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Bryan Staniewski: In League wyth the Devyl

Bryan Staniewski: In League wyth the Devyl October 15, 2021

Featured practitioner articles are one of my favorite things to write about.  I love getting to know witches and other magical people through the way they express their magic.  I have been following Bryan for a number of years on social media, and absolutely love his aesthetic.  So I was very excited when he allowed me a peek into his private world.

Bryan (with a Y) Staniewski or @wytches.devil on Instagram, as he is known, is a practitioner of traditional witchcraft.  Bryan uses the letter “Y” in the spelling of words like, “wytch” and “devyl,” to honor those folkloric ways of working that we call traditional witchcraft.  It is also a way of embracing the idea that traditional witches just want to be edgy for (fill in the blank).  I like, Bryan embrace this perceived edge.

Courtesy of bryan Staniewski

Wytches Devyl: You know, it’s funny, for a while I remember witches on social media getting their witch cords all in a bunch over traditional witches trying to be “edgy” with a the main example being: spelling witchcraft or witch with a “Y” as wytchcraft/ wytch  and I will say it’s not just us that do this , so I figured as an homage to those people, I’d pull a funny and use it in my handle.

With that said, I also used “Y” in my handle for that word because my name is Bryan and that name is usually more often seen with the letter I. I wanted to be edgy 😉 

Bryan is not a vocational witch, meaning his day job (which is just as interesting) is not witchcraft.  However, Bryan has offered his knowledge and unique expertise to those who reach out to him.  He also has a You Tube Channel, where he discusses various witchcraft-related topics.  You can subscribe to his channel here (Inleague wyththedevyl)

Bryan is in the process of uploading new content to the YouTube Channel.  The majority of his content can be found on Instagram in the form of a rich visual diary of traditional witchcraft, history, folklore and necromancy. @wytches.devil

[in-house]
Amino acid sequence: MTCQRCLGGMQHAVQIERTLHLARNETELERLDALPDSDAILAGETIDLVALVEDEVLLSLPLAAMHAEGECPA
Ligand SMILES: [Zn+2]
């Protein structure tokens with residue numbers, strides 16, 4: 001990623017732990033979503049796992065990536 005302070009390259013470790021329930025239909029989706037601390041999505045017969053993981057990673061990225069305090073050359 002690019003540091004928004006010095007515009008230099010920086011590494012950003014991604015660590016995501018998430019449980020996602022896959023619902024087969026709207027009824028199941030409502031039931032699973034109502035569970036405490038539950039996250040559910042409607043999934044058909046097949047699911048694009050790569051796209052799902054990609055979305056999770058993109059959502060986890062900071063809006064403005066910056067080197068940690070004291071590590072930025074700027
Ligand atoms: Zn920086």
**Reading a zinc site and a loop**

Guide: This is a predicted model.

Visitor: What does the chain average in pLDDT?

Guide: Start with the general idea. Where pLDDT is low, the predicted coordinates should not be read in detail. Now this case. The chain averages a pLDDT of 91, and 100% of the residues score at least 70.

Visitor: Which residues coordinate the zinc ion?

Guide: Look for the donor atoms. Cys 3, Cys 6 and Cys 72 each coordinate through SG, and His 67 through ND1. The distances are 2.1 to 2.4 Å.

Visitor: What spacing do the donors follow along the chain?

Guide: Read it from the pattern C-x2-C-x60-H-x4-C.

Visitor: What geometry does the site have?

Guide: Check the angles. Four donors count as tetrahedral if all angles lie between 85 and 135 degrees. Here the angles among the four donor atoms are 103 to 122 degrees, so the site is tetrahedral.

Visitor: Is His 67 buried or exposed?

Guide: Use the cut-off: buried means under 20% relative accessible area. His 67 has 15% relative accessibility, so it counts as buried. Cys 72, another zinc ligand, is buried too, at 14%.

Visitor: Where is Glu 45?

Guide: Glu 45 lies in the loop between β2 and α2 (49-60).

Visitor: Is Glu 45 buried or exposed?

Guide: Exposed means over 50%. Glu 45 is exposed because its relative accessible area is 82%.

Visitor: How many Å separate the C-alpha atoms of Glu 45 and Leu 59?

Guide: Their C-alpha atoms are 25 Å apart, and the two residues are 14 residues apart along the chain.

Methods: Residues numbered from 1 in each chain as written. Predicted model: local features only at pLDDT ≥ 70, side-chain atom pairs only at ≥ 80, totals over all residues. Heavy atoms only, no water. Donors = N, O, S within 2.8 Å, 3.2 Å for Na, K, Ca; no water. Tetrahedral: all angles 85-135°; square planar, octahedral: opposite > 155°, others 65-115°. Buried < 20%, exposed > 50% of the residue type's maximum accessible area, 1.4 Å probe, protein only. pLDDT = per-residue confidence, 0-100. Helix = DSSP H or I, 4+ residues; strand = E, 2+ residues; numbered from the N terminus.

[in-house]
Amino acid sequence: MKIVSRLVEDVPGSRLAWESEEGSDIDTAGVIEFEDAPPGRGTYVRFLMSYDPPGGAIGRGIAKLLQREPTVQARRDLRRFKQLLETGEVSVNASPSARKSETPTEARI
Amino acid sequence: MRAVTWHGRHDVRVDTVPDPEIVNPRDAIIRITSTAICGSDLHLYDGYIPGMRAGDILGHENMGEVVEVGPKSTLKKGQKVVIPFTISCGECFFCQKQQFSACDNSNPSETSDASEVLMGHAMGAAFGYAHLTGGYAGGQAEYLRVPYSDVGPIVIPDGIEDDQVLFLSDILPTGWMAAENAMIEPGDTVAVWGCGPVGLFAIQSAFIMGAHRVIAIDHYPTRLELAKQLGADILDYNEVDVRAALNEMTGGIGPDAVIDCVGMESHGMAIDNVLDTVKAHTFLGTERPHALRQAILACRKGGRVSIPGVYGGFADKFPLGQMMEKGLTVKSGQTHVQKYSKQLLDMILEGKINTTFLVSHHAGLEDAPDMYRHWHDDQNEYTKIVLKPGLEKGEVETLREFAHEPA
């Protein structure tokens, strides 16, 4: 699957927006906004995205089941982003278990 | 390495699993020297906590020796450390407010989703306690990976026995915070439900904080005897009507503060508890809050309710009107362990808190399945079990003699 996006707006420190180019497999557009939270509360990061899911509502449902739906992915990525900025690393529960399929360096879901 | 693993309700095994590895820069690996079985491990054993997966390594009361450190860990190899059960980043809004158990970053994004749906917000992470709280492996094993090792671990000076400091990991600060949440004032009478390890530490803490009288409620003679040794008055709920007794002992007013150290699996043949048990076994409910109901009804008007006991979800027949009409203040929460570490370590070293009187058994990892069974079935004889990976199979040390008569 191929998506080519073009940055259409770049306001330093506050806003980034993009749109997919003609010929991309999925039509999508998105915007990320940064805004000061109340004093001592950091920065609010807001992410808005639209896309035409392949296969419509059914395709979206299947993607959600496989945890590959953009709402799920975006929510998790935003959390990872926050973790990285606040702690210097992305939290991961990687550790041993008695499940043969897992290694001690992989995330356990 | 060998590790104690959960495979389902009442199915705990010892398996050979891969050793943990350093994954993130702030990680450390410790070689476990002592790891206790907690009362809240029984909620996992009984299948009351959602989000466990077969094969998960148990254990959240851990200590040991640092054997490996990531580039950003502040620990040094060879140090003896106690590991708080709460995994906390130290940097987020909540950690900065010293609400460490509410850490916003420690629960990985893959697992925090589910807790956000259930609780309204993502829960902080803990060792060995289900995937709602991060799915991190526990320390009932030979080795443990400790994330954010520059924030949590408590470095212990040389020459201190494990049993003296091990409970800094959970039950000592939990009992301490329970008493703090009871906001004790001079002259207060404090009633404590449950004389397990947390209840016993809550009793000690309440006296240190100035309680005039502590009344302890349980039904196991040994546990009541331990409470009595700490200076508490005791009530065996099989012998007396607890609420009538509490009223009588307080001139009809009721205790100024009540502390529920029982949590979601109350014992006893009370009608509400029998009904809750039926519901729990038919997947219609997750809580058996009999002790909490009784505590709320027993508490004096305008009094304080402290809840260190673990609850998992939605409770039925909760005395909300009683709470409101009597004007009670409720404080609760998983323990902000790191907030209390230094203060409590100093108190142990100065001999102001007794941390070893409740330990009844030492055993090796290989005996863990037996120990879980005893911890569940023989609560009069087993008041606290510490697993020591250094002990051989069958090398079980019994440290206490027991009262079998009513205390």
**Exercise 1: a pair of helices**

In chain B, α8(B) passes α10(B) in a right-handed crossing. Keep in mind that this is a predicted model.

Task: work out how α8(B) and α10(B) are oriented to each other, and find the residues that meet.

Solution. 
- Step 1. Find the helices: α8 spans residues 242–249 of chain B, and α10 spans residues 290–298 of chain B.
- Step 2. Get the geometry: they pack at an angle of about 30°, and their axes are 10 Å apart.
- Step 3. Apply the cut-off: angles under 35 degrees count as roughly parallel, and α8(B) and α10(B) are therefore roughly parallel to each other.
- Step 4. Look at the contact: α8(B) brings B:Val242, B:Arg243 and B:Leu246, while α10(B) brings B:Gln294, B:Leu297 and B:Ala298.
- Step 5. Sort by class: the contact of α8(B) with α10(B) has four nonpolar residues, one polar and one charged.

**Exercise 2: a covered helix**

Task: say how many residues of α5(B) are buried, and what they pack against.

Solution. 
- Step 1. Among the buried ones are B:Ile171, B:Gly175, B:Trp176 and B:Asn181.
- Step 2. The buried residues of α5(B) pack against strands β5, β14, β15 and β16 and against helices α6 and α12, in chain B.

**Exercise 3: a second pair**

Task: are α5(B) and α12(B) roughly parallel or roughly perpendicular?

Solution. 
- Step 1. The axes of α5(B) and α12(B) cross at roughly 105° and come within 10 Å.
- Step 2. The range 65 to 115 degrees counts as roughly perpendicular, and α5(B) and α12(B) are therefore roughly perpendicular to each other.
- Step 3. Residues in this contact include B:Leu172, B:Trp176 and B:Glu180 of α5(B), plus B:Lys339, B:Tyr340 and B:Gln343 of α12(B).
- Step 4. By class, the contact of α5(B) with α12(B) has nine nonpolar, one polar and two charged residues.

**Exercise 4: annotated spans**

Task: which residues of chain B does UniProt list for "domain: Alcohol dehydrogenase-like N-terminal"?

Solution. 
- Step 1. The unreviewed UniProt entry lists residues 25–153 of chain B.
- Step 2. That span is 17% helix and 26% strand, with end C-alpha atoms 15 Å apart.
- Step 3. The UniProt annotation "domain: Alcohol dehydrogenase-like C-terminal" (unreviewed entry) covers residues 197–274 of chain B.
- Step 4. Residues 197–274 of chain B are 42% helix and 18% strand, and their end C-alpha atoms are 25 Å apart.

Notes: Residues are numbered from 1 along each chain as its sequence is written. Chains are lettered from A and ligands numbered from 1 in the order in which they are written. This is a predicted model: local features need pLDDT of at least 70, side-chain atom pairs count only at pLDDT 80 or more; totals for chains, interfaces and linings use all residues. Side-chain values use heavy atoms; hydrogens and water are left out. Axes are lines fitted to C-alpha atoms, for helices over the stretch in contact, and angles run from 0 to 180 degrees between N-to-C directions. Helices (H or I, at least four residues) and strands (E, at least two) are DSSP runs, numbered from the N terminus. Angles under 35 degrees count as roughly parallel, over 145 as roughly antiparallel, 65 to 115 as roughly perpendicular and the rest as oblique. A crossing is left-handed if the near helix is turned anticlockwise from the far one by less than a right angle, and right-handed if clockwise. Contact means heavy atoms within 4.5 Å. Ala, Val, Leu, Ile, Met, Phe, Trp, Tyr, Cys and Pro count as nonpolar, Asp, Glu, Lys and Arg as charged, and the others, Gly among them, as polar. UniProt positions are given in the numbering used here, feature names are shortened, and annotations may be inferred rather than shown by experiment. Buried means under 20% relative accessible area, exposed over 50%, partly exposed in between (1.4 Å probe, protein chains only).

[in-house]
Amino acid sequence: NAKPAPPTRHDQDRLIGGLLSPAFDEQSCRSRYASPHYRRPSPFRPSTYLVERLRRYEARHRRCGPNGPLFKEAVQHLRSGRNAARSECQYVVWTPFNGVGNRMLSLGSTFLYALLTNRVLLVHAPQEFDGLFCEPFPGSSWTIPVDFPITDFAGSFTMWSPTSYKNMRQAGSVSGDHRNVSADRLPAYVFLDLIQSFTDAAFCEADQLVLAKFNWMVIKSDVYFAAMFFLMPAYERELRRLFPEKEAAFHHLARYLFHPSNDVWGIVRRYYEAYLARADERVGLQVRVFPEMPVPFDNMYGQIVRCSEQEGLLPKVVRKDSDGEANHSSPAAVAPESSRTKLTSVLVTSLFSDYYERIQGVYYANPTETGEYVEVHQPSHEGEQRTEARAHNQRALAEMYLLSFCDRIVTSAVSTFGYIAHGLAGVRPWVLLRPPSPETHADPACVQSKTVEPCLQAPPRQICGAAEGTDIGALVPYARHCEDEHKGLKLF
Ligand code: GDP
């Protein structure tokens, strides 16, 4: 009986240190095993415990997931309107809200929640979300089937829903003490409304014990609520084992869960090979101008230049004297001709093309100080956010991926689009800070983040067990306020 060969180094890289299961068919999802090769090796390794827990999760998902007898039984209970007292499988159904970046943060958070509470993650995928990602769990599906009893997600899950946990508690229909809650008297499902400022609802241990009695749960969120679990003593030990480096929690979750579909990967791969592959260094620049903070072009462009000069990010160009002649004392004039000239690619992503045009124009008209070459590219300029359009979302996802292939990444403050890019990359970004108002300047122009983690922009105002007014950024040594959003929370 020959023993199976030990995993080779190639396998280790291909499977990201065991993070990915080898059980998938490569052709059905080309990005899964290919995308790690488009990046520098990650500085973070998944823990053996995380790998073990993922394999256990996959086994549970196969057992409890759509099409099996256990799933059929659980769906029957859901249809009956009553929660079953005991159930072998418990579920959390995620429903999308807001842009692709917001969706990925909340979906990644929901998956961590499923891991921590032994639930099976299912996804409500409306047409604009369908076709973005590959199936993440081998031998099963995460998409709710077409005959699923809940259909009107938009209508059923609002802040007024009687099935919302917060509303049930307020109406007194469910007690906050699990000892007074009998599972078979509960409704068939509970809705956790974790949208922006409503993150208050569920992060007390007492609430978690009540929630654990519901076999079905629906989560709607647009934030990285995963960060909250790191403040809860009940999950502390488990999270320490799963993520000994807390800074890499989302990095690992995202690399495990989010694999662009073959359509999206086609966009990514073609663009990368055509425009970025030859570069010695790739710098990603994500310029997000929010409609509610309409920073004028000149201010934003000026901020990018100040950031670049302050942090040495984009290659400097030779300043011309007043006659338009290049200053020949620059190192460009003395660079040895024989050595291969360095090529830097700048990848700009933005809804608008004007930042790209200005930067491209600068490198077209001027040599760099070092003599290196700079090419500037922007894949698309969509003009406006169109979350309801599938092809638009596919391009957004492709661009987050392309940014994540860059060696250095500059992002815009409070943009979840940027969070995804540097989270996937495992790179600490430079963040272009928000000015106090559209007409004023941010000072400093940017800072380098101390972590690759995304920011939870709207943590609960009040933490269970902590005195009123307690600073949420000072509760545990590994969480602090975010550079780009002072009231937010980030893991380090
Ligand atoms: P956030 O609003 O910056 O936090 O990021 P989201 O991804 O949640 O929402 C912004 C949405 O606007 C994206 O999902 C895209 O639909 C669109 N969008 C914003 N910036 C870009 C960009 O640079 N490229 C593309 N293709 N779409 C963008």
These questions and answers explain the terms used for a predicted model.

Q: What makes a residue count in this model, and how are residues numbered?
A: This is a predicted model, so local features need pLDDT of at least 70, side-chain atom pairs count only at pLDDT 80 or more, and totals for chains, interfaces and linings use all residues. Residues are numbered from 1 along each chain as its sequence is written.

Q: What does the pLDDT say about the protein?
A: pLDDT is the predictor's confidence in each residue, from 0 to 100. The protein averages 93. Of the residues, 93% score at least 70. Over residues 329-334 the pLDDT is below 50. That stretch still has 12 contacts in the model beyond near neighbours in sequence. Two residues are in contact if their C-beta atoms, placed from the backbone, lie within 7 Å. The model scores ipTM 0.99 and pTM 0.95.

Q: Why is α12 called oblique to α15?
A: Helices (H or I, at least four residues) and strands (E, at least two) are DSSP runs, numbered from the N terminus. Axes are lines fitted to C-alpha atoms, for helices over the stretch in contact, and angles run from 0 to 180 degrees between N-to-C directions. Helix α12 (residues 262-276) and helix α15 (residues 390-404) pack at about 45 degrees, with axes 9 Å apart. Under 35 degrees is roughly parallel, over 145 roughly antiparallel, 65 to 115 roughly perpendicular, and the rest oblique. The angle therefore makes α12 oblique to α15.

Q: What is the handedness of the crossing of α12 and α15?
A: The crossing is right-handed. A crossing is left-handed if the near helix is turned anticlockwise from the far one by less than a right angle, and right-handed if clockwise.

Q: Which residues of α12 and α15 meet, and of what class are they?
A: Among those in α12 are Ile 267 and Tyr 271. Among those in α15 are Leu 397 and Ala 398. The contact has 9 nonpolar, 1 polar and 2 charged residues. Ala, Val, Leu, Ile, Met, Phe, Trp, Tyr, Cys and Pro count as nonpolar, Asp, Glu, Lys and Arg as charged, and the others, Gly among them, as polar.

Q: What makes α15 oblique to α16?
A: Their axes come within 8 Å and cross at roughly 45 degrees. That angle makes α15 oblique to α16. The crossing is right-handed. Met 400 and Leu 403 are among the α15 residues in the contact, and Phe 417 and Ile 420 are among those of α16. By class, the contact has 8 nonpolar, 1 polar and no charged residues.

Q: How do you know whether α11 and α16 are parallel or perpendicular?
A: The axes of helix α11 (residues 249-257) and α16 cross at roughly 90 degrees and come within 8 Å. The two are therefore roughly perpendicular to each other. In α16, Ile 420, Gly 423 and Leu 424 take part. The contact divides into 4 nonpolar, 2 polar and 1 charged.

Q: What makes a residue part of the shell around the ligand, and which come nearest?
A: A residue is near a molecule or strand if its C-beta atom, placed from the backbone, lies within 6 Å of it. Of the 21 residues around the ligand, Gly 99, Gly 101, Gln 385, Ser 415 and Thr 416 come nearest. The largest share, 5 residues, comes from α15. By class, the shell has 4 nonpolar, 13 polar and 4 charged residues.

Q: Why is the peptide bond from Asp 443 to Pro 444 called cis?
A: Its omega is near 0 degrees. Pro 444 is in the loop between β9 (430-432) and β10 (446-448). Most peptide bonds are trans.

Courtesy of Bryan Staniewski

Wytches Devyl: I’m not the witch who has an online shop,  or offers readings for a price, one that has a podcast (though that could be something of the future) or a blog.

I have a huge respect for those witches,  I know a few handfuls online whom I’ve felt I’ve begun to forge meaningful relationships with, they’re mostly buisness but none the less, good ones. 
multitasking isn’t my forte so I can’t  imagine trying to juggle that with the life I live.
I don’t know how you, and the other witches do it haha 
With that said,  if you know me personally and ever needed anything in regards to “help from a witch” then I would 100 percent be at your service, depending upon your need etc
My best friend/ sister, shamhia whom I’ve known for a little over a decade, when she would come over for our sleepovers, sometimes she would express her worries with certain things in her life that she wanted answers too or needed help with navigating a certain situation, what route to take etc so she would always ask me to “pull out the cards” and sometimes I offered it, a witch is never too good to not sharpen thier divinatory skills so I’d ask her if she needed help with anything or answers to any questions that are eating away at her.